What it’s Like to Play Spiritfarer as Someone Who Has Grieved
After spending nearly 15 hours in this world, with these characters, the final credits rolled, the song “What Will You Leave Behind” played and I… cried. And this wasn’t a normal “this piece of media is sad” crying, this was something else.
But I will come back to that.
Spritfarer has been labelled as a “cosy game about dying”. This is a game about death in a way that hasn’t quite been done before.
Yes, games, especially the cinematic ones, have killed characters before but this is typically done for a dramatic story beat or to wring out more raw emotions. This is not a knock against these other games, by the way. Games as they are now have amazing abilities to tell stories and explore emotions. The indie game “about depression” is almost a trope at this point. And the shock of losing Aerith has stuck with Final Fantasy fans to this day. It’s just that, Spritifarer does things in a fairly special way.
To explain how Spritifarer differs you need to understand the premise of the game and its mechanics.
You play as Stella who (along with her cat) is given the role of Spiritfarer, a boatman to the dead. Characters will join you on your boat and make demands. You feed them, house them, help them achieve their final goals.
One character wants to put together an art gallery, another wants to make amends with their husband. And to achieve this there is a bit of busy work to do. Farming, visiting different islands for resources, cooking, looking after sheep etc. It’s Stardew Valley on a boat and you’ve got a lot of sea to sail across.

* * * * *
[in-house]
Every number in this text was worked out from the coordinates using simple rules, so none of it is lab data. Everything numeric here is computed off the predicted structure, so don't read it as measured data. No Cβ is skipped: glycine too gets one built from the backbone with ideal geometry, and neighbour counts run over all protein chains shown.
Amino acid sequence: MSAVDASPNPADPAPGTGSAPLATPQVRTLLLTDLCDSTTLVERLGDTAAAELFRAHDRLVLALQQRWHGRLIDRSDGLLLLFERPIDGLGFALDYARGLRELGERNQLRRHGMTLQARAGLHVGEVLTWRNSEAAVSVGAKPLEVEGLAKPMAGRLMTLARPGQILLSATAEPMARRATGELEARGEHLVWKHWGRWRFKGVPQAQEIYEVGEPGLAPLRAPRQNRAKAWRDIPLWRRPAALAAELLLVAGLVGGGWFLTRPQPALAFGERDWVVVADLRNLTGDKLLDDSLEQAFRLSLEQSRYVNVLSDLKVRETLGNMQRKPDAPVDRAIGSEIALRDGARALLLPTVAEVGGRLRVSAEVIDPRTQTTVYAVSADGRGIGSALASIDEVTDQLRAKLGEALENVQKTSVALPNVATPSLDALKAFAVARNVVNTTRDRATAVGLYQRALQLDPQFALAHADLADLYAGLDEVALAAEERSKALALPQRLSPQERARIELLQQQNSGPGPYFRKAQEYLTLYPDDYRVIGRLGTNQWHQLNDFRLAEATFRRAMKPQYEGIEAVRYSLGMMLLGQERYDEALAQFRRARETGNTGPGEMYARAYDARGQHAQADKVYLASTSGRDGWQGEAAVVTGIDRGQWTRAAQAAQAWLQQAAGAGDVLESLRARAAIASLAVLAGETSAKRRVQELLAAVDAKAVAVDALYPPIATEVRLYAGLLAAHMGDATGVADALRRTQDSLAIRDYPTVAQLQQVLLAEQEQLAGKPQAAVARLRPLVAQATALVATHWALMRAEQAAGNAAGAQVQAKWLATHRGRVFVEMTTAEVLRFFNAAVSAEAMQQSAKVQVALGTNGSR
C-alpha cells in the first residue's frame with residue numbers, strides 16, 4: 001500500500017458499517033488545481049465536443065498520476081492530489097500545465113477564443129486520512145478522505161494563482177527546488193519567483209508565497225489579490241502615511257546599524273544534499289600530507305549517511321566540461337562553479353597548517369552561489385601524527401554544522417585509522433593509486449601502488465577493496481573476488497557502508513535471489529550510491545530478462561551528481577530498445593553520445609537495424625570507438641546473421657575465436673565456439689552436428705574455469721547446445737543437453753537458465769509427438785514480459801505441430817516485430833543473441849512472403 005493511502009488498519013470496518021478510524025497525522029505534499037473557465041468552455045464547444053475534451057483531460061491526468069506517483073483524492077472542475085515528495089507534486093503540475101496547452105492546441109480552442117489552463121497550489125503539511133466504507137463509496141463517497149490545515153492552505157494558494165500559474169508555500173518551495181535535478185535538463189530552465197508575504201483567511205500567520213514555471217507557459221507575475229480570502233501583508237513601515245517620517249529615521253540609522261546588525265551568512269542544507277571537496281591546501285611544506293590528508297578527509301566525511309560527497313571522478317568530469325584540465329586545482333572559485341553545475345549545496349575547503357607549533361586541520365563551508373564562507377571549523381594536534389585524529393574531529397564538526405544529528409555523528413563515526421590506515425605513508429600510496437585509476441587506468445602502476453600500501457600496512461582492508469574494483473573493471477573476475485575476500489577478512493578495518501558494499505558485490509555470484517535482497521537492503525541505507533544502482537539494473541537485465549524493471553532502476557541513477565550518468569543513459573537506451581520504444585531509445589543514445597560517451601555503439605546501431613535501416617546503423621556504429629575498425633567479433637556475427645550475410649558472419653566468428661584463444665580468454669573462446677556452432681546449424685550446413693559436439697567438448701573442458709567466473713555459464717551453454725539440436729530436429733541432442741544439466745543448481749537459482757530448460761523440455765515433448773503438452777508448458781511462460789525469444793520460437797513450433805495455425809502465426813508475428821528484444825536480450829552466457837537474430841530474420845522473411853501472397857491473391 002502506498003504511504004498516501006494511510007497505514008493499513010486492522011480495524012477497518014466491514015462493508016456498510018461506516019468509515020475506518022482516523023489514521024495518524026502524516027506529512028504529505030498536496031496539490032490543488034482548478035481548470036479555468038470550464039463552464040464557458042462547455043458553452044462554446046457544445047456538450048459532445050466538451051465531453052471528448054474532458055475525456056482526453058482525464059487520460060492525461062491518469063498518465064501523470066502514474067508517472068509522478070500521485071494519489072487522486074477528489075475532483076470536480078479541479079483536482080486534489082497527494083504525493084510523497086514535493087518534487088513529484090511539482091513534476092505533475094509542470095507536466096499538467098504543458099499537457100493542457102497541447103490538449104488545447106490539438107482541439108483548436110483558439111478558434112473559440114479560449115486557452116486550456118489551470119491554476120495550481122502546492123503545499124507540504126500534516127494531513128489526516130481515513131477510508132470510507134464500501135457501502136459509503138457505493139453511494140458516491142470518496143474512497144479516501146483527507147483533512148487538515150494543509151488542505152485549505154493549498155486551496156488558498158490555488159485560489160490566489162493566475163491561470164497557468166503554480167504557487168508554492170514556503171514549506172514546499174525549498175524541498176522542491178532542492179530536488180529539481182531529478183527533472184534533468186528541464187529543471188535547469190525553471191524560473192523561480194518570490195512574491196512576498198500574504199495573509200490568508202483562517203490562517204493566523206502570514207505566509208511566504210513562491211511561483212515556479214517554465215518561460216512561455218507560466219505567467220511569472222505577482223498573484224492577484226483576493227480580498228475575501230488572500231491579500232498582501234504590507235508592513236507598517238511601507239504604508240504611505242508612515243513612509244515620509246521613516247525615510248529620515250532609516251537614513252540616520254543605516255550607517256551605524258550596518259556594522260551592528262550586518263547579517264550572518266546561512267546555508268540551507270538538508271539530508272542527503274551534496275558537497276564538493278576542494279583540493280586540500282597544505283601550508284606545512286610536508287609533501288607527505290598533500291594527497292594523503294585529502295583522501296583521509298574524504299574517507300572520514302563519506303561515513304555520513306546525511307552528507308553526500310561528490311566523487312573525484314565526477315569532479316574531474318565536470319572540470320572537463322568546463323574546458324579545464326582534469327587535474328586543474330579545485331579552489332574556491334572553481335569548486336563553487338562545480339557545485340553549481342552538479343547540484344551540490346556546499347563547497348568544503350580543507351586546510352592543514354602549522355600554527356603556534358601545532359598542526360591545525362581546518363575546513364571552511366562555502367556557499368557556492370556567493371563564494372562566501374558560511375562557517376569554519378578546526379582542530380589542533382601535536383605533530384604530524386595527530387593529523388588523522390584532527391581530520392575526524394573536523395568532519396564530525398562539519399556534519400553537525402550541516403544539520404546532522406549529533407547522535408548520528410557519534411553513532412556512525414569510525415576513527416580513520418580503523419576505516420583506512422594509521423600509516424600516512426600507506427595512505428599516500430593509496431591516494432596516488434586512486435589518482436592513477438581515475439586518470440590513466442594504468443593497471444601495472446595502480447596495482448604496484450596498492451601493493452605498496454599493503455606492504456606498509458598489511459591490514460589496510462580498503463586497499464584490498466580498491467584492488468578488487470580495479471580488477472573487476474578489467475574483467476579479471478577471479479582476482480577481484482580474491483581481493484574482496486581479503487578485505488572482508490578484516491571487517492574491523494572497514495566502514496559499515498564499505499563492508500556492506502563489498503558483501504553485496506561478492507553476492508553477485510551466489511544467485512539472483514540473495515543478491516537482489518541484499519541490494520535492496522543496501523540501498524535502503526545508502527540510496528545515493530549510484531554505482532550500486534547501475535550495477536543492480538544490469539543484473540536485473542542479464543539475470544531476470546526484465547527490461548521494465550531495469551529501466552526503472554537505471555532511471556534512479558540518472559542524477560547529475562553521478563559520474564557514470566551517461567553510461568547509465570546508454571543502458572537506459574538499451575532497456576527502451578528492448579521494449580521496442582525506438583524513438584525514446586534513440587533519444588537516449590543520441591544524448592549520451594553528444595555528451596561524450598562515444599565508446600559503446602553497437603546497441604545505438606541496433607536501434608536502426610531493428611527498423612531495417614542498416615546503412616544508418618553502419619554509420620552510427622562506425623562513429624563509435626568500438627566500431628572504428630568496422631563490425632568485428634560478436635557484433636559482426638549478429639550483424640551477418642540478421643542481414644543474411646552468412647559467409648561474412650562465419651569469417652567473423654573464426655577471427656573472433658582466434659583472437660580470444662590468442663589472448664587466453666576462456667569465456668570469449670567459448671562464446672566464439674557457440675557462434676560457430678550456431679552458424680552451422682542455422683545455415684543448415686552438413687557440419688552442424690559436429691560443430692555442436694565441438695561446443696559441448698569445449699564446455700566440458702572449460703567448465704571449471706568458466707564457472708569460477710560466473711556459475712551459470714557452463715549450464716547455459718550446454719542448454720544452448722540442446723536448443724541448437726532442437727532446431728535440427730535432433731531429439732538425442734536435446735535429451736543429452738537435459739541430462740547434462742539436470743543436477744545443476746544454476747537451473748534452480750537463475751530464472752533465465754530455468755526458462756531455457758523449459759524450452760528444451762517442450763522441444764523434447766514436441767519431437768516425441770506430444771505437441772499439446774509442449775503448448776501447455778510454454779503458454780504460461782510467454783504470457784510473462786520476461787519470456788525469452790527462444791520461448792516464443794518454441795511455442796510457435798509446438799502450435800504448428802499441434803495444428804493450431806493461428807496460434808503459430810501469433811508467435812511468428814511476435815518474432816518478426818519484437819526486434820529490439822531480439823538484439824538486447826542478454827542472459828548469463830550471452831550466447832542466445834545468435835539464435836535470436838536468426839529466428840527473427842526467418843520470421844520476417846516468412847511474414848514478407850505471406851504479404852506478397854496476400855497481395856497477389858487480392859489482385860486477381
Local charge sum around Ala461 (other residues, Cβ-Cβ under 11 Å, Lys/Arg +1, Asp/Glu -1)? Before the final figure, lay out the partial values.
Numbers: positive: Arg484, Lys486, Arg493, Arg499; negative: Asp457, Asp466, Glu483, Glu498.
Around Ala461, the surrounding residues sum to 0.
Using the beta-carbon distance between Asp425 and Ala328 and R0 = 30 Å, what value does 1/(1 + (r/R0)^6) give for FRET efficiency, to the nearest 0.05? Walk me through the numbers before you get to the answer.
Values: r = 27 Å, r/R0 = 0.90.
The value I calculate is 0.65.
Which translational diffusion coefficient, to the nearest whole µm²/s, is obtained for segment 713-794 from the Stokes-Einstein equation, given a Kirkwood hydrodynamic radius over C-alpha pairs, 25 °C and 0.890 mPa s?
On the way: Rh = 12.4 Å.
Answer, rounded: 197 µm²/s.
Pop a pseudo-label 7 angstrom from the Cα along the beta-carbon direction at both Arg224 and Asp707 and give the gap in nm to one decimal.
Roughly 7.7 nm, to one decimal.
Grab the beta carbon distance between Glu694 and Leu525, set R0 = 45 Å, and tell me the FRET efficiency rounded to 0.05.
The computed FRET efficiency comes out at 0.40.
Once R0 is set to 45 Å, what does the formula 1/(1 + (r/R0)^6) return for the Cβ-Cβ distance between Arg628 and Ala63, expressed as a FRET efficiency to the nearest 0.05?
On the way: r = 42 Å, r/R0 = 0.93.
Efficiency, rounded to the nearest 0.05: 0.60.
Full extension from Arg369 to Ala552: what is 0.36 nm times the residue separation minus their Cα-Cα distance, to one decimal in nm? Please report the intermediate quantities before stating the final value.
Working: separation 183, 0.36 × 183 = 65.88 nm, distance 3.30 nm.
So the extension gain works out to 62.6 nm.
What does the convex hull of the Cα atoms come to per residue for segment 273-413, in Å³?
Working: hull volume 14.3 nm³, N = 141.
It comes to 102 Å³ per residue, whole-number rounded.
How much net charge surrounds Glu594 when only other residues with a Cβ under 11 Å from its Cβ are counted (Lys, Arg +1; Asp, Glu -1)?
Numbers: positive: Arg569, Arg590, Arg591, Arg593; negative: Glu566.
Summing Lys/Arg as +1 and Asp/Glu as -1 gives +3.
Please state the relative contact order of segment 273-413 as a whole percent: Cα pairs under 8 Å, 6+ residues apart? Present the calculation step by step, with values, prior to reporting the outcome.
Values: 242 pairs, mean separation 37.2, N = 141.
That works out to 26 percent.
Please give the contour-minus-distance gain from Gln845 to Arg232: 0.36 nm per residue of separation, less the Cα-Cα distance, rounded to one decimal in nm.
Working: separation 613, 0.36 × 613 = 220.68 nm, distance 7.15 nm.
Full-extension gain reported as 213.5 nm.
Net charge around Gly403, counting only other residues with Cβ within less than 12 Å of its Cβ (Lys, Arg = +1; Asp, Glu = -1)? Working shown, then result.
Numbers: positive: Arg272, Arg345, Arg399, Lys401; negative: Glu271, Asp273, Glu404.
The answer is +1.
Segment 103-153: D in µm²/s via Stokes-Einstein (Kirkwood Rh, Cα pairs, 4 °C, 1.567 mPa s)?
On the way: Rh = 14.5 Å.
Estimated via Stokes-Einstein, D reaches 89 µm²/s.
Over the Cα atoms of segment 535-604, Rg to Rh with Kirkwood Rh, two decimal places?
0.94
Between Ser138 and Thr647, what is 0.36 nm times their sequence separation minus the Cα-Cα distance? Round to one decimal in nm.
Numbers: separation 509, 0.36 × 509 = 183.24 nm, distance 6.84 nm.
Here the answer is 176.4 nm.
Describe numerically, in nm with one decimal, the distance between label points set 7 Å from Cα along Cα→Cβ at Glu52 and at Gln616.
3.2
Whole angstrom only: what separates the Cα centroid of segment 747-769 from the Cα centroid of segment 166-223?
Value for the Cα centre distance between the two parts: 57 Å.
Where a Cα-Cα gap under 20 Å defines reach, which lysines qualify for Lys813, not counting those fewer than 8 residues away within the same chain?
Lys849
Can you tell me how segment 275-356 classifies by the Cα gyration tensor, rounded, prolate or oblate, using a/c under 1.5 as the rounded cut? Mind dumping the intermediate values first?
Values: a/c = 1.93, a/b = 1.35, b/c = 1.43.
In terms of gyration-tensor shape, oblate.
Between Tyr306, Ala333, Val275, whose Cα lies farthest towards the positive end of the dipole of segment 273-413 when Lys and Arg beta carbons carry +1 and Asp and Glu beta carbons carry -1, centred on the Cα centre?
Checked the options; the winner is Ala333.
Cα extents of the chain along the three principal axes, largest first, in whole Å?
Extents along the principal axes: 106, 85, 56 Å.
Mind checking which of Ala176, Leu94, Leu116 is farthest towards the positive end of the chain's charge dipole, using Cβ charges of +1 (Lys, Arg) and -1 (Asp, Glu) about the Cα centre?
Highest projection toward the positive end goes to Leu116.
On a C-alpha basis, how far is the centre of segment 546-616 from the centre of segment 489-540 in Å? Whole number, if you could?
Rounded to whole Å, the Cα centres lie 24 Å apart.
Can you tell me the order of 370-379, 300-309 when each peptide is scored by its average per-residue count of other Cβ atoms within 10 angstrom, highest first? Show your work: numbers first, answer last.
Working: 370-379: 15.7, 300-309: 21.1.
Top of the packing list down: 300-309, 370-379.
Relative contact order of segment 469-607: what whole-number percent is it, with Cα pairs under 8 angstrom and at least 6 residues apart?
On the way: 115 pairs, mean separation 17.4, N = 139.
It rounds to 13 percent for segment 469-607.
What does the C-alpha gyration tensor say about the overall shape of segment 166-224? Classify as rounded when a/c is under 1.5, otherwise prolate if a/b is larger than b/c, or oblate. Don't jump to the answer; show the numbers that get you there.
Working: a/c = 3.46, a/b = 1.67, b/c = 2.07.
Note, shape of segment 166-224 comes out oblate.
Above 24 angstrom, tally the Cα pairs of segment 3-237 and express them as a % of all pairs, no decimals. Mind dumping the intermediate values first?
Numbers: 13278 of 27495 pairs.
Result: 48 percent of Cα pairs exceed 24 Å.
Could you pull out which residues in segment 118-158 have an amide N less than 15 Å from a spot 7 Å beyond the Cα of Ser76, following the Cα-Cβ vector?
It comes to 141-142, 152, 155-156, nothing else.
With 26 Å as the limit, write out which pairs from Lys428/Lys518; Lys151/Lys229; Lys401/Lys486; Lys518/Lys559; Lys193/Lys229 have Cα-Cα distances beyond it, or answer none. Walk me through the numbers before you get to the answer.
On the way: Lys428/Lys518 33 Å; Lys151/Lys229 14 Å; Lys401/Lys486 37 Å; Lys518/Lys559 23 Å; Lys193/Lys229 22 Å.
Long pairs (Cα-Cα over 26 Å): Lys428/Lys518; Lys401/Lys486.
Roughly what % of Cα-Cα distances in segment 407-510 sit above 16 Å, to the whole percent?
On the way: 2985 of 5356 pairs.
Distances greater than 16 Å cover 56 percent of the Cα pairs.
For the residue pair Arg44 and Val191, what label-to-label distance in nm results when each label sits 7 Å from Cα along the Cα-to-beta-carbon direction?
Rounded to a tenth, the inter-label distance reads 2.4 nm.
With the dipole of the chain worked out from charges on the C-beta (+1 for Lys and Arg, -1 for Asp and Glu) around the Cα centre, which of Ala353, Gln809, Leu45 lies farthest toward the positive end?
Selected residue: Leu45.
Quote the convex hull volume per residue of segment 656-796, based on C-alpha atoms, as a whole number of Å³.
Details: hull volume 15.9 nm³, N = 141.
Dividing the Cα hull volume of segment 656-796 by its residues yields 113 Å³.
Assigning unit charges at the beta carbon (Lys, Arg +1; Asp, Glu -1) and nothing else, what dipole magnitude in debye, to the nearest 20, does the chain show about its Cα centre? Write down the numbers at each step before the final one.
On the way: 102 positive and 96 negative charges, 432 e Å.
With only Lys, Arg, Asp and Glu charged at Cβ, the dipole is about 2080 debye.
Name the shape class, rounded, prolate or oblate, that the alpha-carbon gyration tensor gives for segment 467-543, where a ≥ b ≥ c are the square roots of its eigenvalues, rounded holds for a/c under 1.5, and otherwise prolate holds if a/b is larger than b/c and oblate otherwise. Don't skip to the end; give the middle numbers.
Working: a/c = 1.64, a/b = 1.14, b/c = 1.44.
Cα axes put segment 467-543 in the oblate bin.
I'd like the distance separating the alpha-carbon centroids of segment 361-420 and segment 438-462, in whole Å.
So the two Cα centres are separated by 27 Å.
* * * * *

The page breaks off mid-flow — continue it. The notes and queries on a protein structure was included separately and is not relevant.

In between this boat management you talk to your passengers, feed them and even hug them. (Please games, give me more hug buttons.) You get sucked in to the day-to-day busy work, which makes it all the more jarring when one of your passengers tells you it’s time to go.
This first time a character decided to go happened to me after a couple of hours of playing at least. Enough time to get to know her, care for her and because of the many tasks, briefly forget why she was there in the first place. She can’t go, I was just about to pick carrots to make her a stew!
On the boat you care for these passengers, but the ultimate goal is to take them to the Everdoor, say your last good byes and let them finally pass on. And almost every time, it’s heart breaking.
This is one of the few games “with emotions” where the gameplay is the point. Because of the many tasks, you forget the big cloud hanging over your head. You forget that ultimately, you will be saying good bye to everyone.
I don’t think I’ve ever seen a piece of media so accurately depict what it is like to lose someone. Sometimes we see it coming, sometimes it’s unexpected. And after saying goodbye, you return to a boat where life carries on and you are left with the things that remind you of the person you lost.
I always worry about how things like this may affect me. I was prepared to turn the game off if it got too much. Thankfully the tone is balanced enough that it never feels overwhelming.
So what happened when I finished the game? I don’t think my reaction was to the specific events of the ending, (so don’t worry, no spoilers). My reaction was perhaps the result of a build up over the course of the game. Saying good bye over and over again. Or maybe it was the list of names in the credits of people the game creators had lost.
When I cried I found I couldn’t stop and that my thoughts had turned to my own loss, my own memories of someone I loved. It had been some time since I’d allowed myself the space and time to do that. It was painful, but positive at the same time. In the way that thinking about someone we’ve lost often can be.
I really think Spiritfarer is an important game that has achieved something that no other game has done before. Where other media can become too much, forcing me to look away. Spiritfarer gave me the space and time to face things in a way I hadn’t done in a couple of years.
One thing my counsellor once told me was that painful things will live in a box inside you. To make it through each day you put it away. But every so often it’s important to open it up and look inside, to face the losses. And each time you do it, it will be a little less painful.
And I think Spiritfarer was telling me it was time to open the box.